Data Analysis and the Importance of Analytical Tools

BUSINESS & MANAGEMENT, SYSTEMS & TECHNOLOGY   |   3 minutes  |   December 10, 2018

We are awash in data: 90% of all data was created in the last two years, an amount of facts and statistics so vast as to be quite literally unfathomable.1 Yet, for business, there exists enormous opportunity in extracting meaning from the incredible volumes of data created every minute.

This job falls to data analysts and as a consequence, between 2016 and 2026, demand for data analysts and other similar occupations is projected to grow 33%.2

That begs the question: why are data analysts seen to hold the key to unlocking the potential profit buried in data, and what tools do they need?

What does a data analyst do?

In the simplest terms, a data analyst is an interpreter.

In the simplest terms, a data analyst is an interpreter. They take raw data and turn it into meaningful insights that businesses can use for more effective decision-making. A data analyst can cover a number of fields, including finance, marketing and operations, and their findings could, for instance, result in:

  • Reduced transportation costs
  • Insights into customer behaviour
  • Early warnings of adverse market conditions4

The insights data analysts provide can have an outsized impact on an organisation, potentially giving it a competitive edge5 that could increase its profitability. However, it’s not enough for data analysts to interpret data – they also need certain soft skills to be successful in the field. Data analysts should be able to communicate the insights they gain, otherwise it will be difficult for a business to act effectively on their findings. They also have to be creative thinkers to be able to derive useful insights from raw data.6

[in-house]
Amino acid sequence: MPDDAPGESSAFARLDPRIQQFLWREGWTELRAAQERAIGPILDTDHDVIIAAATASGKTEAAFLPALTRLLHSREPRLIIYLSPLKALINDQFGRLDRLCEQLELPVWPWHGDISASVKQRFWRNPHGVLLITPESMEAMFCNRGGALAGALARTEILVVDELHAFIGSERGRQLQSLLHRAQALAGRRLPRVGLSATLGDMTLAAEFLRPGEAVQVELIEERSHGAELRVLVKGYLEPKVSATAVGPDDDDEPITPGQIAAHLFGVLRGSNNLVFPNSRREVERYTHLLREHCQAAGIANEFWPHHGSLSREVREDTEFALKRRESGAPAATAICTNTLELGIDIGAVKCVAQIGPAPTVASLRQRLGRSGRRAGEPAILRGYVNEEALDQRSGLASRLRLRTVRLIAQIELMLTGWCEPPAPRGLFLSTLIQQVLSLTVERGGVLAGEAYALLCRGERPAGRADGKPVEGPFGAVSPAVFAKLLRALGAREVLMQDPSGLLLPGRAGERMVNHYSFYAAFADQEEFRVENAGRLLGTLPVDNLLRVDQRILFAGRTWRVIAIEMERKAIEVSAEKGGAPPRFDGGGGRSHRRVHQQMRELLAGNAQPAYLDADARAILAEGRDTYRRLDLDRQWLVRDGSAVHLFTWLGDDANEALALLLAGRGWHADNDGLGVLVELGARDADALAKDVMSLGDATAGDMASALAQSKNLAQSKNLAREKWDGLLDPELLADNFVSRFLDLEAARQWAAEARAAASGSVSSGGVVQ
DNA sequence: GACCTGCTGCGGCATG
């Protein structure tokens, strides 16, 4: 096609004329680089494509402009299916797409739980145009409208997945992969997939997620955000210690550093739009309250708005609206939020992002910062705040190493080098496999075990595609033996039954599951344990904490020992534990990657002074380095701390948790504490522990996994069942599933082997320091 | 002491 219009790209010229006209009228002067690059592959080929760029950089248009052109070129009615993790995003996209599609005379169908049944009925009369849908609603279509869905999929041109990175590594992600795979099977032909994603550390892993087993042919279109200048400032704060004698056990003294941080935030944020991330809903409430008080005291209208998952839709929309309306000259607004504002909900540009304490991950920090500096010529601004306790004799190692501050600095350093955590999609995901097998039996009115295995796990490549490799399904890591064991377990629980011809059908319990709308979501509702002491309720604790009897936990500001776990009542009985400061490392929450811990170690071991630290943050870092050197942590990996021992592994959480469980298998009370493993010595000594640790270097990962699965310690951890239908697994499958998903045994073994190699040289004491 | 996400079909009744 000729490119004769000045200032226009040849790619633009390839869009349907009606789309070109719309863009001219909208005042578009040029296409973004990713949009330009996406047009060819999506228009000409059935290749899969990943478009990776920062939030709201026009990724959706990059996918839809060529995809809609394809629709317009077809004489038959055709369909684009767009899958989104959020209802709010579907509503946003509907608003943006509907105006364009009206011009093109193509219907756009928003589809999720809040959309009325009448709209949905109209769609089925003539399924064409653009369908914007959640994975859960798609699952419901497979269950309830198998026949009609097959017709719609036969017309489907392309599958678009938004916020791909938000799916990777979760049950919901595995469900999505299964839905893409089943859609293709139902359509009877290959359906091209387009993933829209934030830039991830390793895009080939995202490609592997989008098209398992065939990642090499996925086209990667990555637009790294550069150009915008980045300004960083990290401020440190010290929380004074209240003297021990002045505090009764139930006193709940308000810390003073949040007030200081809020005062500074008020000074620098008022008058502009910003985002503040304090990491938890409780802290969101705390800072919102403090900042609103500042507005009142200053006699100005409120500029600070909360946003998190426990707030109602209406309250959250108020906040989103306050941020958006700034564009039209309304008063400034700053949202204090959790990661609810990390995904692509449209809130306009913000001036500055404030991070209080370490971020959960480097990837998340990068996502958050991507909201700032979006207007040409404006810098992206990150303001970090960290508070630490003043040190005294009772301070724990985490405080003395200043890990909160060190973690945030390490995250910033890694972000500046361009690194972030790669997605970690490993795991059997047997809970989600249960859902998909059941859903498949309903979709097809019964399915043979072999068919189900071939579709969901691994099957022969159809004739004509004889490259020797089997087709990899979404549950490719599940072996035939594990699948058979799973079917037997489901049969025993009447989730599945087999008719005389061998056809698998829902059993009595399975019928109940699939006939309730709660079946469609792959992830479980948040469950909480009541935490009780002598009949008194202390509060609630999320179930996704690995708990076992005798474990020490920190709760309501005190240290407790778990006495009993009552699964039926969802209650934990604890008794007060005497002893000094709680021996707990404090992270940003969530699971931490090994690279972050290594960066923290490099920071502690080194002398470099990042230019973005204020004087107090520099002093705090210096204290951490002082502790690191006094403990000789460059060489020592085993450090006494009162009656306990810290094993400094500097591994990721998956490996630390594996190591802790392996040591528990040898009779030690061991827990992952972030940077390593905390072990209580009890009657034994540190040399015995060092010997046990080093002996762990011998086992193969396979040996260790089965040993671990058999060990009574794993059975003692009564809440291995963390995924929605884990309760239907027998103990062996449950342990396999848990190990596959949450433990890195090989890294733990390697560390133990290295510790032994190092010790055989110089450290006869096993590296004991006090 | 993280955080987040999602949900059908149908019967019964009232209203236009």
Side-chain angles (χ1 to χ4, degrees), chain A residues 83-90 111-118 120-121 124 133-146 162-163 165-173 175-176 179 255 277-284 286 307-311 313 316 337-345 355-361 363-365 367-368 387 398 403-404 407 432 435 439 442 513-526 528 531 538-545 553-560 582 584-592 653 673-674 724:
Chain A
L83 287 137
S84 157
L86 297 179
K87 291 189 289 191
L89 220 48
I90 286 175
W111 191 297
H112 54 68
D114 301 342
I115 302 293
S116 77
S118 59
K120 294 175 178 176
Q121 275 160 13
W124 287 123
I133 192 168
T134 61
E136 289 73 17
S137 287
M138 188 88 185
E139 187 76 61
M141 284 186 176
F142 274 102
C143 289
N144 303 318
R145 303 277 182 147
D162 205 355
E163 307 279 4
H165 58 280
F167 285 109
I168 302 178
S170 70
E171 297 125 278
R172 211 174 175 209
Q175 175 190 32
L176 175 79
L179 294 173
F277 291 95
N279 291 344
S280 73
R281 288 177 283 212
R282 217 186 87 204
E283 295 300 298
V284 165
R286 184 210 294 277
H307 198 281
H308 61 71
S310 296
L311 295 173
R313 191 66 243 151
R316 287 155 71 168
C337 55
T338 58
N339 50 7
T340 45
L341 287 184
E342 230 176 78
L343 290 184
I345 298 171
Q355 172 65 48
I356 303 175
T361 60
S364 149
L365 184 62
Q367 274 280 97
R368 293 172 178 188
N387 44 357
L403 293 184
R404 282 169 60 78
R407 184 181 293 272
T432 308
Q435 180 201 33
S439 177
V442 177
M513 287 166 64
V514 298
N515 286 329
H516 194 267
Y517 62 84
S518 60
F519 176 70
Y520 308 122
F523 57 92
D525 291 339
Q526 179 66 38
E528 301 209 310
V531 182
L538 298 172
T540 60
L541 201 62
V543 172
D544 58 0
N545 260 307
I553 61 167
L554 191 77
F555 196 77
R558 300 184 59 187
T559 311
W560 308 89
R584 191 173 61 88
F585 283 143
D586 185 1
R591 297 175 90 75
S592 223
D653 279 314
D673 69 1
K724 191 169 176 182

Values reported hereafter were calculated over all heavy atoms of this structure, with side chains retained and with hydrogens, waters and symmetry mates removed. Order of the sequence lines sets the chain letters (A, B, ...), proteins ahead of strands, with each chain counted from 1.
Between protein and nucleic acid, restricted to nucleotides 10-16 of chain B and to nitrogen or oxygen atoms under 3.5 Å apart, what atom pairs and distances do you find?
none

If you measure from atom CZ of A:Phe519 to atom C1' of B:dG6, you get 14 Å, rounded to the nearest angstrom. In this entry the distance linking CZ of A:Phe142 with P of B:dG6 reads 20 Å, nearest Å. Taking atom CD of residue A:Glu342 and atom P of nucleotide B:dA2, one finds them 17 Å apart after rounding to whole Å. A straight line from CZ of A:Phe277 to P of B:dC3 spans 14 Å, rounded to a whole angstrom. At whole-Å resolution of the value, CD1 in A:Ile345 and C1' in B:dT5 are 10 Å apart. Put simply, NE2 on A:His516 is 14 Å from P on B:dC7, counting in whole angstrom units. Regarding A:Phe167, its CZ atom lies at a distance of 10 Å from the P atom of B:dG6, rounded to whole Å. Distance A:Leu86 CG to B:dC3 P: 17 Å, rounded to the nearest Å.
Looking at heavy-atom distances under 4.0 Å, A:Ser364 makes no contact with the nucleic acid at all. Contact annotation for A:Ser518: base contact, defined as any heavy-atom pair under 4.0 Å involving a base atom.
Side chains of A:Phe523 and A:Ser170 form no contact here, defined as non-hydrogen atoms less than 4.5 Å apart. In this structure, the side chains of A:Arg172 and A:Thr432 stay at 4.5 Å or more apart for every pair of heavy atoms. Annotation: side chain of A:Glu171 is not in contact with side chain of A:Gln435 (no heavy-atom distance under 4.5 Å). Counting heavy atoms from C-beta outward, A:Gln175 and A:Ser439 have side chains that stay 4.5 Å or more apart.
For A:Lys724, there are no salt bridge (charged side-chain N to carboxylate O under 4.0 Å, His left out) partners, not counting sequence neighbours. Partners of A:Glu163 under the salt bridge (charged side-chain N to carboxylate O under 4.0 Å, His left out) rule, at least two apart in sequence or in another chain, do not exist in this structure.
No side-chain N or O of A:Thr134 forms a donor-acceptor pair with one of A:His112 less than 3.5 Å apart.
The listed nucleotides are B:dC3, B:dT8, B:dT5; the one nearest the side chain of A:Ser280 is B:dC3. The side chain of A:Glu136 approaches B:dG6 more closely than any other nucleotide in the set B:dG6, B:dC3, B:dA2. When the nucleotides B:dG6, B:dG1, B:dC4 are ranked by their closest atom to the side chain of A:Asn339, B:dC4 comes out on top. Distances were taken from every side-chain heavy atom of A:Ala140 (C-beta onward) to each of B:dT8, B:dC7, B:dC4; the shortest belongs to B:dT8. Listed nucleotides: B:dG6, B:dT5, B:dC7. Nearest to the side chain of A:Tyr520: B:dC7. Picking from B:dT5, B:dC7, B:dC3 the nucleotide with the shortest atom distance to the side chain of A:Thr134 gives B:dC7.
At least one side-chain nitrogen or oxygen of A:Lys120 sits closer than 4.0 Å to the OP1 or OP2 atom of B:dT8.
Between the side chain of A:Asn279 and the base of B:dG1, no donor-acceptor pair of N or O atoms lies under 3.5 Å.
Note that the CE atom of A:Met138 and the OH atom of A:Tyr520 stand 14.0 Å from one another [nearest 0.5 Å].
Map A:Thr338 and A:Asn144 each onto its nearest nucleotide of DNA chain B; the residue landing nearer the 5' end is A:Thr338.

It’s almost impossible to overstate the importance of a data analyst in a business. According to Forbes, “85% of companies that are succeeding with analytics (i.e. those organisations that consider themselves to be analytics pacesetters in their markets and have an enterprise-wide analytics strategy in place) are seeing revenue growth greater than 7%”.7

However, no data analyst can work in isolation. To be effective, they must have the right tools that will allow them to parse through reams of data and derive useful intelligence from it.

After all, a carpenter needs tools to turn a pile of lumber into a couch, chair or table. Without those tools, the lumber will remain nothing but glorified firewood. Data analysts might not need a hammer, but without the right tools, they’ll be unable to extract anything meaningful from the enormous volumes of data available to businesses.

Here are five tools data analysts use to extract the insights a company needs:

Excel

Excel – and its Google-developed cousin, Sheets – is not specifically meant for statistical analysis, but still plays an important supporting role in data analytics and is often the first stop for those entering the field. While it can perform certain analyses, particularly in the initial stages, Excel struggles with larger data sets.8

Tableau

Tableau offers a high level of flexibility, while remaining fairly simple to use.

Able to perform end-to-end data analytics through its platform as well as a suite of other offerings,9 Tableau offers a high level of flexibility, while remaining fairly simple to use.10 Of particular value is its ability to handle large amounts of data, generate interactive reports and provide embedded analytics.